Philadelphia Reflections

The musings of a physician who has served the community for over six decades

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Personal Reminiscences
One of the features of aging past ninety is accumulating many stories to tell. Perhaps fewer are left alive to challenge insignificant details.


Since everybody would benefit if the country found a way to pre-fund health insurance, what options are available or doing so? Or put another way, what obstacles, objections, and vested interests obstruct each possible way of doing it; how difficult would it be to overcome them?

Three general approaches might work reincarnation of Individual Retirement Accounts (IRAs) .for this special purpose, the legal encouragement of health insurance companies to sell permanent insurance or the creation of a national trust fund. Each of these approaches will now be changed to make them possible. All of them must somehow overcome the main problem inherent in payment in advance, which is that people must find spare money somewhere. while of course the disposable income could be found by reducing expenditures for non-essential luxuries, this discussion limits itself to examining how seed money might be squeezed out of inefficient practices in the existing health financing system.

Health Banking The first approach to be examined has been known by several names. When Michael J. Smith of Louisiana proposed it, he called it the CHIP proposal (Consumer's Health Investment Plan). When John McClaughry and I independently proposed something similar, it was called the Health Protection Account, Peter J. Ferrara of the Cato Institute, who likewise got the idea independently, had the genius to call it the IRA for Health. The IRA for Health has the great beauty that the title itself does most of the explaining; most people know what an IRA is, or was. An IRA for Health is obviously an IRA whose use is limited to health care costs. Unfortunately, congressman, whose cooperation is vital to the success of the idea, have gone through the experience of repealing the tax exemption of IRA's trying to reduce the national budget deficit. Congressmen have the mindset that IRAs will worsen the deficit, or at least that their constituents might think so. It isn't a correct perception, but the catchy H-IRA title has become a hindrance and must be replaced. Health Banking is here offered as a substitute title for Health Iras because it suggests an interest group who might assist the process of public persuasion because they would benefit from it. The definition of what constitutes a bank is in the process of change; perhaps there is room for health banking in some future compromise revision of the Glass-Steagall Act. For example, the mutual fund industry could become interested in health banking as part of their vision of non-bank banking. Perhaps the moribund savings banks could be entrusted with a trillion-dollar consolation for their regulation-induced troubles.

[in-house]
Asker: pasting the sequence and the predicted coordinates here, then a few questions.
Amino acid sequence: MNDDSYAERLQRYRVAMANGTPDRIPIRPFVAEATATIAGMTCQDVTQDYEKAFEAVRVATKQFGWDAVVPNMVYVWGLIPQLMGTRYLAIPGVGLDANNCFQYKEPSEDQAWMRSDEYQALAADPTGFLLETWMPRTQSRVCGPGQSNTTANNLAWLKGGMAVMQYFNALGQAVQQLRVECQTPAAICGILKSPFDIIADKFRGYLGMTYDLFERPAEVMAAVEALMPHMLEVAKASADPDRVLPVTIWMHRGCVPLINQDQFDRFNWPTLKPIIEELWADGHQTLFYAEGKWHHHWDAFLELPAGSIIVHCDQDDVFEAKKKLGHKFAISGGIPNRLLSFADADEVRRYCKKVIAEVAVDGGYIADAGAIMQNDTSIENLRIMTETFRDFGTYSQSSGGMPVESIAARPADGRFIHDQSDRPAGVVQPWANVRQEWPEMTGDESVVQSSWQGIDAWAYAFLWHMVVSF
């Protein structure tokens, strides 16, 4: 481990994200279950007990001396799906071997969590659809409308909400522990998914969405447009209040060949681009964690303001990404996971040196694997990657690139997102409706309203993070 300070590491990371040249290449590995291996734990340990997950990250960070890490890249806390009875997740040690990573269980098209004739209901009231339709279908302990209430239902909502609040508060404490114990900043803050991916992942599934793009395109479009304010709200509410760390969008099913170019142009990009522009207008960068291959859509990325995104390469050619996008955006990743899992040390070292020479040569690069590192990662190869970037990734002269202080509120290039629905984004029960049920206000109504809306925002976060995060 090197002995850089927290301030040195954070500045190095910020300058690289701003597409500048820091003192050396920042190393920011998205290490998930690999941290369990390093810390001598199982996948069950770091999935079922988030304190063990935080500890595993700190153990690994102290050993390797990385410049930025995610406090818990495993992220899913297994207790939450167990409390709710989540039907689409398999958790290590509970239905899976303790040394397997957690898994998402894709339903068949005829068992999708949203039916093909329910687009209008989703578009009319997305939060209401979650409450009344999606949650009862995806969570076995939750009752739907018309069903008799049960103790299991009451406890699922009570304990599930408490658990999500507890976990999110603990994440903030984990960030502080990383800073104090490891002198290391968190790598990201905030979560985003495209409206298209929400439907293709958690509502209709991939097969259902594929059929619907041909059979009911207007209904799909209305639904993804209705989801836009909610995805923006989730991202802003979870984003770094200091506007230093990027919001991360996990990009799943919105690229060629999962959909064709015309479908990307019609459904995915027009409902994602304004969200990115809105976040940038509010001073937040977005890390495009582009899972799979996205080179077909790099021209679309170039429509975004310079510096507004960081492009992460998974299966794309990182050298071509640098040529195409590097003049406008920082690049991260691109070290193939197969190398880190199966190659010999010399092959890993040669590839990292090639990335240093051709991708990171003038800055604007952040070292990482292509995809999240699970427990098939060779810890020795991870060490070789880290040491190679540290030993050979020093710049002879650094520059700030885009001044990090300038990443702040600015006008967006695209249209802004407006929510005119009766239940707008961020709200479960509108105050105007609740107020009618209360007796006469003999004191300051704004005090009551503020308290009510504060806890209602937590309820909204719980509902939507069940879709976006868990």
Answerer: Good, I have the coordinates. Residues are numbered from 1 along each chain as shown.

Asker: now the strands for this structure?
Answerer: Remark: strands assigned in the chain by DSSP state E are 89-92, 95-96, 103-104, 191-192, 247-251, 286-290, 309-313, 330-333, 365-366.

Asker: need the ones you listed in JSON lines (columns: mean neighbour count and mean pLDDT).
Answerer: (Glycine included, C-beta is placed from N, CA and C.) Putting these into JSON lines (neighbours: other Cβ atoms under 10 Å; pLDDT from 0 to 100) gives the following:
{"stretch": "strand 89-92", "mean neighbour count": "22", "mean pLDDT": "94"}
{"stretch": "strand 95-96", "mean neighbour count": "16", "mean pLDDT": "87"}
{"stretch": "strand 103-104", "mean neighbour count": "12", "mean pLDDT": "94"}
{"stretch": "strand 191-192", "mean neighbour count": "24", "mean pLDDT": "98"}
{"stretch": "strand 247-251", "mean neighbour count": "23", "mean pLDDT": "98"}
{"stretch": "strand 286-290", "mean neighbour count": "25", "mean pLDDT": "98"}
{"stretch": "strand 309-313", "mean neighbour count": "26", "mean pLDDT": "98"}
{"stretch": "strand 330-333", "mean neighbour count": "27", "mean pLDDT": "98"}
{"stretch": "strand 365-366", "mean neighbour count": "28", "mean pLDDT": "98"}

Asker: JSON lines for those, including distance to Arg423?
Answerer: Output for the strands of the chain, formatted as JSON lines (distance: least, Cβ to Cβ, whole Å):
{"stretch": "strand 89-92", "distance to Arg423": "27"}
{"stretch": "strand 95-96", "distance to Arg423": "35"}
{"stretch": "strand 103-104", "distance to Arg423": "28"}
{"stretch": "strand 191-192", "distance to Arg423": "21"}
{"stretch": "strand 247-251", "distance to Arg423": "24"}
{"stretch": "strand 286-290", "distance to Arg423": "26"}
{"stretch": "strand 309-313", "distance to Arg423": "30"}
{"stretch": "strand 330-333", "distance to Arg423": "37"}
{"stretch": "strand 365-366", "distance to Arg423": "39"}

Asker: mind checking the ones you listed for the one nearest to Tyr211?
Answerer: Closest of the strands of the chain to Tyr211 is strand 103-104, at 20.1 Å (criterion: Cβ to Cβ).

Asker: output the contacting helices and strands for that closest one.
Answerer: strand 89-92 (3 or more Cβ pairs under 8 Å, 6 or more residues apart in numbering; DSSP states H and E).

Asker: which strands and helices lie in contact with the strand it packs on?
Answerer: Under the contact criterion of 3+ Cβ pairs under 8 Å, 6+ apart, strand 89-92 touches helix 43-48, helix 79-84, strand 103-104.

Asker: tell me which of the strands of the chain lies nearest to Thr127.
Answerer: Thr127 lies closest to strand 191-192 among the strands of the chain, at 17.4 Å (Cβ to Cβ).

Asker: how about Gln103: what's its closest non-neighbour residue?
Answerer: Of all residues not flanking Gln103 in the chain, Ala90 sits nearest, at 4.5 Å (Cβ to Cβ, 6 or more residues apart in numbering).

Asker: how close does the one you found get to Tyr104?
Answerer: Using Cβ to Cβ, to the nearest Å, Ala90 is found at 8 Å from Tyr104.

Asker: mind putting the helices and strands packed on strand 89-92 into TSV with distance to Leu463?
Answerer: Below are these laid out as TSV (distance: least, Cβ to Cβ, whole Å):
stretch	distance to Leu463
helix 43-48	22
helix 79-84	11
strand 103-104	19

Whatever institution might aggregate and invest the funds, the main idea is that the tax-sheltered money which employers now spend on health benefits would be deposited in individually named accounts, and invested according to some rule of prudence. Withdrawals from the accounts would only be permitted for specified health purposes. It is absolutely central to understand that nothing is here proposed to be tax sheltered which is not already tax sheltered. For better or worse, employer contributions for health benefits are already tax-sheltered, and will almost surely remain so. Even recent deficit-desperate congresses have not dared to threaten that $50 billion annual revenue cost to the Treasury. Indeed, when Congress does develop the courage to curtail the tax exemption of health benefits (for employed people), perhaps then health banking could be described as costly. Until such time, however, it remains fair to generalize that reestablishment of IRAs, limited to health expenditures, has no Federal cost.

In the next chapter, we will discuss the investment issues which are raised. For the present, we should assume that the institution which becomes custodian or health banker will generate a safe and adequate stream of revenue; what rules must govern the way it is spent? Ideally, a health investor would want to accomplish the following goals:

-He would want to pay for essential health care.

-If he lives a long time and has money to spare, he would want to provide for custodial care in his old age.

If he dies and has money left over, he would want it to go to his estate.

But these are decreasing priorities. The first rule is survival. If he cannot pay for his old age, he must plan to throw himself on the mercy of family, friends, and community. If he has nothing left for his heirs that is no worse than a pity when he has no dependents, but tragic if he does.